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  #1  
Old 06-16-2010, 12:31 PM
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Default No Appreciation

If anything goes wrong with the child, it's always the provider's fault. It couldn't possibly be the food, the schedule, the discipline techniques of the parents. No, it's always the provider's fault. I love each one of the children in my care and treat them as well if not better than even my own children. I'm so sad that I don't get the appreciation...
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Old 06-16-2010, 03:26 PM
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I don't have my own kids yet so I can't say the same but I treat my dckids pretty awesome. I actually feel sad about the lack of appreciation I get from the KIDS, not their parents. I have some pretty appreciative parents so I'm fortunate.
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Old 06-16-2010, 04:01 PM
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I know it can hurt, but try not to take it so personal. Most working Moms suffer from "Mothers Guilt" and sometimes you are the only one she can take it out on..... It is all a catch 22 for them...

I have listened to their Husbands/Boyfriends ask them why they can't discipline like I do, why their house isn't as clean, why dinner is never ready on time like it is here...some have even gone as far as to mention weight/physical attributes. In my house!!! That sucks.... Can you imagine what is said to them at home?

I have Moms who's kids scream when they are trying to pick them up..... Their "friends" tell them they are less "Motherly" because they have to work... Their Mother-in-Laws tell them they are not good enough... Their Boss tells them more lates or absenses and they are fired.....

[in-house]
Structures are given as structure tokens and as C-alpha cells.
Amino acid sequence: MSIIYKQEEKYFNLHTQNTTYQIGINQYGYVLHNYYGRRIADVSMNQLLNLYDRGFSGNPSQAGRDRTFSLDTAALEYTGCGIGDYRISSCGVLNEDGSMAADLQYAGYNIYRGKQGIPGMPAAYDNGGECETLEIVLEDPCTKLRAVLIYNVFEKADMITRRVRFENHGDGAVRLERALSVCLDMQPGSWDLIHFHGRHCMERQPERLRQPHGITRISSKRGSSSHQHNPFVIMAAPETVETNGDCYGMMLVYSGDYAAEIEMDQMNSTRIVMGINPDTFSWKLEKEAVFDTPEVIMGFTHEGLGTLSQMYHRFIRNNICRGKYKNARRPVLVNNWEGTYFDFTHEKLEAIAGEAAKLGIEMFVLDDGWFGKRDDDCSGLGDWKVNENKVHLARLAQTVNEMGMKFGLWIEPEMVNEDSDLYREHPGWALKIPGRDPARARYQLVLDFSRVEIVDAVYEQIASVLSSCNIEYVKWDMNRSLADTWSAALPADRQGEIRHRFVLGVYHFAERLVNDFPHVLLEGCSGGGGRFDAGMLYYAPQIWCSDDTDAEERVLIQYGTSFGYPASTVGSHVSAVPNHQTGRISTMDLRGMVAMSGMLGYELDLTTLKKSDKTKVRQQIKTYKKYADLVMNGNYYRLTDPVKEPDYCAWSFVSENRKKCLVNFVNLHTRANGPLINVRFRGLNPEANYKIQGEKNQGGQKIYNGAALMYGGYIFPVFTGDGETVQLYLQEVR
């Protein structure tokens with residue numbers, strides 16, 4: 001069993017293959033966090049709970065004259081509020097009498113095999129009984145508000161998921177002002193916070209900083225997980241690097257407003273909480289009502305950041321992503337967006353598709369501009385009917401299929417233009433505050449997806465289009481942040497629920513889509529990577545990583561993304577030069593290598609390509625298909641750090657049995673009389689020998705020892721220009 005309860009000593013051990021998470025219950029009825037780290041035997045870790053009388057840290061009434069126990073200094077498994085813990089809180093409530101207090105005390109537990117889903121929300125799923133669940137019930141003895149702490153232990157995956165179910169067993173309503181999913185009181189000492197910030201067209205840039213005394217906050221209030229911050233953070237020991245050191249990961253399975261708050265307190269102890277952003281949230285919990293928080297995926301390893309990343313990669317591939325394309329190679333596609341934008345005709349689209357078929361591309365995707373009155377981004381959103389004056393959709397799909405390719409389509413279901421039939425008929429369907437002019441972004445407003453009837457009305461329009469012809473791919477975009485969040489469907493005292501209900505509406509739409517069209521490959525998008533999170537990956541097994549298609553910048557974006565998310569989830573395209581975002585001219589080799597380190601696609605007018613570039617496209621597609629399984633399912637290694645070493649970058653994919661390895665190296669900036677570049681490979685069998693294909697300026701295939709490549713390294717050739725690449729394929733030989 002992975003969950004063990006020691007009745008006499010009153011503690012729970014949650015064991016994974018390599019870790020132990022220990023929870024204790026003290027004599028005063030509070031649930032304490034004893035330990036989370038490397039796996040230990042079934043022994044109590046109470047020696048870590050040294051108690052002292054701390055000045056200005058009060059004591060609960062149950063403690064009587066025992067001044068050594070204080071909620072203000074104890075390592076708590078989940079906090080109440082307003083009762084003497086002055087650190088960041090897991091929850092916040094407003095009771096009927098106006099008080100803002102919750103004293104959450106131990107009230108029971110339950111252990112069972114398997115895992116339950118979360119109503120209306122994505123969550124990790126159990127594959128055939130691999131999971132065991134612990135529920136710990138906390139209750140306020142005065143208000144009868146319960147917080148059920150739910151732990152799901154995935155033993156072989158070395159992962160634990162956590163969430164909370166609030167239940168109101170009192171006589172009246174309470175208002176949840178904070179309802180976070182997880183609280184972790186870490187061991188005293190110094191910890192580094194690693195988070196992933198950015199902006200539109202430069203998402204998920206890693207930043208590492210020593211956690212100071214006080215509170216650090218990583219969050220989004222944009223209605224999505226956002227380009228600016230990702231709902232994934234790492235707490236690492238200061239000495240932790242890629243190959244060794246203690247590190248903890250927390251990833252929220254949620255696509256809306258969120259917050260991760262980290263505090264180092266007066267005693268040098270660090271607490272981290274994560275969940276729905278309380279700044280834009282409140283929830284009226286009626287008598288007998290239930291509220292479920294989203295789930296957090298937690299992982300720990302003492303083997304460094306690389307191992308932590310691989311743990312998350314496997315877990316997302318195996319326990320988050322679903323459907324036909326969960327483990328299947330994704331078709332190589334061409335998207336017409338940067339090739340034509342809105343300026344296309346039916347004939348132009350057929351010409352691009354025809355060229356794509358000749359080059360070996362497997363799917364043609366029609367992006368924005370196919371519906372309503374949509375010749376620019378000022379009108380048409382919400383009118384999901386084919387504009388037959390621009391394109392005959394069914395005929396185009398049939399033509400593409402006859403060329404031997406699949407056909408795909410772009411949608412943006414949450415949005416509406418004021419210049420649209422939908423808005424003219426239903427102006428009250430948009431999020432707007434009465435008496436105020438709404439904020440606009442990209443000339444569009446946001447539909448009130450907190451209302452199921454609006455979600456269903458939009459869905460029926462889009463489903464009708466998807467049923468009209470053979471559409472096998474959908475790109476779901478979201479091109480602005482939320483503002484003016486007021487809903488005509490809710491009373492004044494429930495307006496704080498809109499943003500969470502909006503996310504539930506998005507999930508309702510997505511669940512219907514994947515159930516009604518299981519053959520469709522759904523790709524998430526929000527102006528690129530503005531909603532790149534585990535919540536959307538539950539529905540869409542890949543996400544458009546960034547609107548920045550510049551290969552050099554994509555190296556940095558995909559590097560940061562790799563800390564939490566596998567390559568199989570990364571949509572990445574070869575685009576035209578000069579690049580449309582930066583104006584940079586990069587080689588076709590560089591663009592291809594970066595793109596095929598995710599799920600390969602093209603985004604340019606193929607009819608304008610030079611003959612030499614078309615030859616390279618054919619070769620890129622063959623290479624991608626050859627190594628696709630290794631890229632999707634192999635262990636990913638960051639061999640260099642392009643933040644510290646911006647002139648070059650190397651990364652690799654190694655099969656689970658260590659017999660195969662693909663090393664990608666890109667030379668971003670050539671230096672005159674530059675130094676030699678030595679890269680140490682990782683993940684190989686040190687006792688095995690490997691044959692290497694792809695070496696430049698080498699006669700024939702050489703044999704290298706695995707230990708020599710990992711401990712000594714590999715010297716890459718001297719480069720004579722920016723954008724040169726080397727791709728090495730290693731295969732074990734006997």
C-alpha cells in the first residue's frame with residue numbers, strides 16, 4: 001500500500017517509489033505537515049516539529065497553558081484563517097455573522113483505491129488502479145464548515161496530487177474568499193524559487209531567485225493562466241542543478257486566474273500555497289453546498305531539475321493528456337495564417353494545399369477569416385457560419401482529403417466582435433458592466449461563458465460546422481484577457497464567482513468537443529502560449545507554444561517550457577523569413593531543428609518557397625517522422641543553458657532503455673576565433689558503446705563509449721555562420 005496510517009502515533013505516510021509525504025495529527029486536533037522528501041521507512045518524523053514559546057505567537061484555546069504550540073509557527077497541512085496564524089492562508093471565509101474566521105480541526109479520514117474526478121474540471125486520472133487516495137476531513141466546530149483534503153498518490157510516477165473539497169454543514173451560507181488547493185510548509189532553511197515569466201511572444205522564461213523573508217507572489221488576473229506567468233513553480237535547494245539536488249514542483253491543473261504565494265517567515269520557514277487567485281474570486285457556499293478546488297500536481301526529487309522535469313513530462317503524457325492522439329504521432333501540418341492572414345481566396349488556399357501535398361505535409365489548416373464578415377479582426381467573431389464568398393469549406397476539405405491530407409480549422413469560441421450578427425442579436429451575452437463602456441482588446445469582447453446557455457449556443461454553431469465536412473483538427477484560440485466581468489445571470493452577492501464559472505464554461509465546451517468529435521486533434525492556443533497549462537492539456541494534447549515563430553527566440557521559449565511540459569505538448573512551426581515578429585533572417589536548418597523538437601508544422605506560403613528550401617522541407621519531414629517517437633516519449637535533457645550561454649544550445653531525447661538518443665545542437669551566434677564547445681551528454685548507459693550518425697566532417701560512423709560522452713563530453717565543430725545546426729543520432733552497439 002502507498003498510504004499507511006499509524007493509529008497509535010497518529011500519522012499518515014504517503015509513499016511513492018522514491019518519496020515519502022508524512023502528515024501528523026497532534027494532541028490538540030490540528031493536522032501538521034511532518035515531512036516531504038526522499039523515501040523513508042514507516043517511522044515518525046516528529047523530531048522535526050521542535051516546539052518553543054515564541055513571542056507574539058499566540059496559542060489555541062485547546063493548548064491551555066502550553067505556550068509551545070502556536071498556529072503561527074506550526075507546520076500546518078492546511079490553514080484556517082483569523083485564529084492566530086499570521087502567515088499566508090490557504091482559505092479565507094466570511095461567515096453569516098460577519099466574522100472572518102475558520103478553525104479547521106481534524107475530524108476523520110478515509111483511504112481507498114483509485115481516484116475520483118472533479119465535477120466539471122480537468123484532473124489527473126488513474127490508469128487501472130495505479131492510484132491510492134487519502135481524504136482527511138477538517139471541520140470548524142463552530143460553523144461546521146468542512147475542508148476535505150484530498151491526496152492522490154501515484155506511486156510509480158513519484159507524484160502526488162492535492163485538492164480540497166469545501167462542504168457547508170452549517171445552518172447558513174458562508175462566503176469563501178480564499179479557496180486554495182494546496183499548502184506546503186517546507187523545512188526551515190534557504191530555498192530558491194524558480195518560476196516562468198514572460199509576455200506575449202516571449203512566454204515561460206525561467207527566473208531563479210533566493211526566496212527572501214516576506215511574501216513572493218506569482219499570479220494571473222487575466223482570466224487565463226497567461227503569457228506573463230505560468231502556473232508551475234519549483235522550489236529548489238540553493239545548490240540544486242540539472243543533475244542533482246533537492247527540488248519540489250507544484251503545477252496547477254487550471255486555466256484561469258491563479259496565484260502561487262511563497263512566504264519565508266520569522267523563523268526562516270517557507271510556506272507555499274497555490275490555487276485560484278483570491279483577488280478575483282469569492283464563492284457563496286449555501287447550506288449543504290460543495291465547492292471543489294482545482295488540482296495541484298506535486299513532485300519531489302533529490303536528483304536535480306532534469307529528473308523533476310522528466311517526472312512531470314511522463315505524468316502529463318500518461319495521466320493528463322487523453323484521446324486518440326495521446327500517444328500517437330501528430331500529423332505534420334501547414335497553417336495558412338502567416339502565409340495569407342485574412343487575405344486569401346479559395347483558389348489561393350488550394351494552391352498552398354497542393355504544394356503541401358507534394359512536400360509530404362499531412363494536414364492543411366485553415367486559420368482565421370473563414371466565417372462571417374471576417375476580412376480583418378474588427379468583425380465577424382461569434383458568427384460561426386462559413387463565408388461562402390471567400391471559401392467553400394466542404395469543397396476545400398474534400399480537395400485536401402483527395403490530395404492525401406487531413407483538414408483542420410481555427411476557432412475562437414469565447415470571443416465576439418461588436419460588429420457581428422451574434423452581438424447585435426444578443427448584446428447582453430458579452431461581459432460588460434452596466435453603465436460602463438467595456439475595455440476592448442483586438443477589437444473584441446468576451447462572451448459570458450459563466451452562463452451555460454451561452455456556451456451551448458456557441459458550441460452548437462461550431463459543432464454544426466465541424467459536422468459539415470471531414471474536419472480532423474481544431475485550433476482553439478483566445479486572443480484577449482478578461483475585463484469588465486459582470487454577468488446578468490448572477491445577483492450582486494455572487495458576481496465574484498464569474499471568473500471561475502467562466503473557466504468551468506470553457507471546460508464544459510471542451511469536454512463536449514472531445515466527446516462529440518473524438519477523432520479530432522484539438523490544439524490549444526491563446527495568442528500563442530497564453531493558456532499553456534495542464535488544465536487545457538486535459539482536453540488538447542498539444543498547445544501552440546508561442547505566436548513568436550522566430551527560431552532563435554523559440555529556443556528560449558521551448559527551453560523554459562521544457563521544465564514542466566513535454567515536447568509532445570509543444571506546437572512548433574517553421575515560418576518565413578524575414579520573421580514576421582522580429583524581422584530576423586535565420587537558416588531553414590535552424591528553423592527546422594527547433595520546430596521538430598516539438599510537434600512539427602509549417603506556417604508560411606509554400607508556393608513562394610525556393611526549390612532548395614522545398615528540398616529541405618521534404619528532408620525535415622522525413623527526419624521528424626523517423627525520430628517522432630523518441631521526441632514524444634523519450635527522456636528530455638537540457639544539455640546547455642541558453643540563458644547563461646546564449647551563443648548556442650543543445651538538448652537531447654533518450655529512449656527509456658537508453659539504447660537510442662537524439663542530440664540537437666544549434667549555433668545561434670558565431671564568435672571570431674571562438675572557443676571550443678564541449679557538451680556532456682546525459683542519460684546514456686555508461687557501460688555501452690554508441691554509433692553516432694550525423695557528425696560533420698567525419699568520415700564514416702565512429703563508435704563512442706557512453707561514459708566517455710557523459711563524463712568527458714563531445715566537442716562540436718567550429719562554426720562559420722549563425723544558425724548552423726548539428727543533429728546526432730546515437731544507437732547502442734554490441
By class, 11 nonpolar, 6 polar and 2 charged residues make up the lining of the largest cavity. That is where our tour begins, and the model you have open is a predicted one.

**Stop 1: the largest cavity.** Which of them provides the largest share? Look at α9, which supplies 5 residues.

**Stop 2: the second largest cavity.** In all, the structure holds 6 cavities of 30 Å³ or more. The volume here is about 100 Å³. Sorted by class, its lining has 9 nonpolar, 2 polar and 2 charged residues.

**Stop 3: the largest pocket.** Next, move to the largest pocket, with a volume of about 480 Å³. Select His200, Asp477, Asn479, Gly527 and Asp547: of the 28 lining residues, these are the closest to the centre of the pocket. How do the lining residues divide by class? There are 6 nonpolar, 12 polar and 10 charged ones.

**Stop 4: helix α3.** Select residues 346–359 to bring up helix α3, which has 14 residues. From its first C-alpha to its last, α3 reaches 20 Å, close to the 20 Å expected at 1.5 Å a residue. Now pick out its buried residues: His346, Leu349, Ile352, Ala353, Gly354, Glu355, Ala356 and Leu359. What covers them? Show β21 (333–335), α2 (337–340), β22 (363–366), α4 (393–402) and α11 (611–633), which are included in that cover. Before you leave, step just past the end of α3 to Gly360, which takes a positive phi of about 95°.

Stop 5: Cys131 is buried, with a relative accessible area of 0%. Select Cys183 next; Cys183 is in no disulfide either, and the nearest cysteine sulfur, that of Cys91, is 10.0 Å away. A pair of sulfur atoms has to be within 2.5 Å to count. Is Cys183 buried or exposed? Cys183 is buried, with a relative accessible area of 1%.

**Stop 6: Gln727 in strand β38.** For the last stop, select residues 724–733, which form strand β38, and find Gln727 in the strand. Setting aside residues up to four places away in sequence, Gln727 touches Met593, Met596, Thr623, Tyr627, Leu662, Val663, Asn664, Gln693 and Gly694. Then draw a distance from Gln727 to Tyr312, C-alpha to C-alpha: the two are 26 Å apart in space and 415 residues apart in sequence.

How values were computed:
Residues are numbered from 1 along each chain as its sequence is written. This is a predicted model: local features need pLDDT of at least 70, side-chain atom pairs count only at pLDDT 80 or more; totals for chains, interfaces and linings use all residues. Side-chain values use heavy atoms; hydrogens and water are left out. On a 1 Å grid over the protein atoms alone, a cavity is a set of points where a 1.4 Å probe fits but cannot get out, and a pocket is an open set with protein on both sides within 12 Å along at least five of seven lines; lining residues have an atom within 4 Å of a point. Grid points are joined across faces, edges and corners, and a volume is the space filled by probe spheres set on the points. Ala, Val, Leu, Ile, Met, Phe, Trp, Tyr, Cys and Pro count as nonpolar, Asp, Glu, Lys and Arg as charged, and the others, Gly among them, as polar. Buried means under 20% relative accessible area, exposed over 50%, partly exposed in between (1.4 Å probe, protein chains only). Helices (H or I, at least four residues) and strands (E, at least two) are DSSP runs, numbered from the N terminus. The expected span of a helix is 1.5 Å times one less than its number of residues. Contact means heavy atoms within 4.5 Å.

Sometimes they just really need something they can control.....and sometimes you are it. I usually smile and ask .."Bad day?" and they respond with tears.... We have all been there...

A lot of the time it is an easy fix like letting them pick up a little later to catch up on housework, go to the gym, go back to school, etc. a couple days a week... Offer a "Friday date night" every couple months to help rebuild strained marriages or offer info on how to leave a bad one. We are on the same team!!!!! Sometimes, I swear, 50% of my job is Big Sister.....Really!!!!

I admit there are those Mothers who will complain with everything just because they are generally mean people whom enjoy making other people feel inferior...but I have not missed any of those after I let them walk... I also have helped enough people, that know my heart, to not have those people affect my reputation.....

Stay strong, chin up and know those kids appreciate you!!!!
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Old 06-16-2010, 07:29 PM
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Golden Rule - You are so right about the mother's guilt. For those of us who are moms, we know that no matter how "perfect" we are, WE will always see how much better we could be. It's the mother's curse - guilt!

However, there does seem to be a war going on between mother's (at-home moms vs. working moms). The strange thing is that DC providers ARE working moms, but our DCMs often forget this part. All they see is that we are "lucky" because we get to stay home with our kids, don't have to deal with bosses and the office BS, commute, etc. Then on top of that, we get paid for this "awesome, cushy, SWEET" job. It doesn't matter if they would not be able to handle being with their kids all day, every day (yes, I have had many, many parents tell me that). To them, I am living the dream life. That makes me "lucky" to them. So they are jealous and people get really weird when they are jealous.

So when someone blames you for screwing up their kid, just smile to yourself, knowing that she is only saying that because deep down she knows that you are spending more time with her kid than she is, she's afraid of how much her kid loves you (irrational fear of being replaceable), is jealous of your life (and your ability to be a supermom), etc. It's only HER insecurity. Plus, if she thinks you're doing such a horrible job, she would be gone already.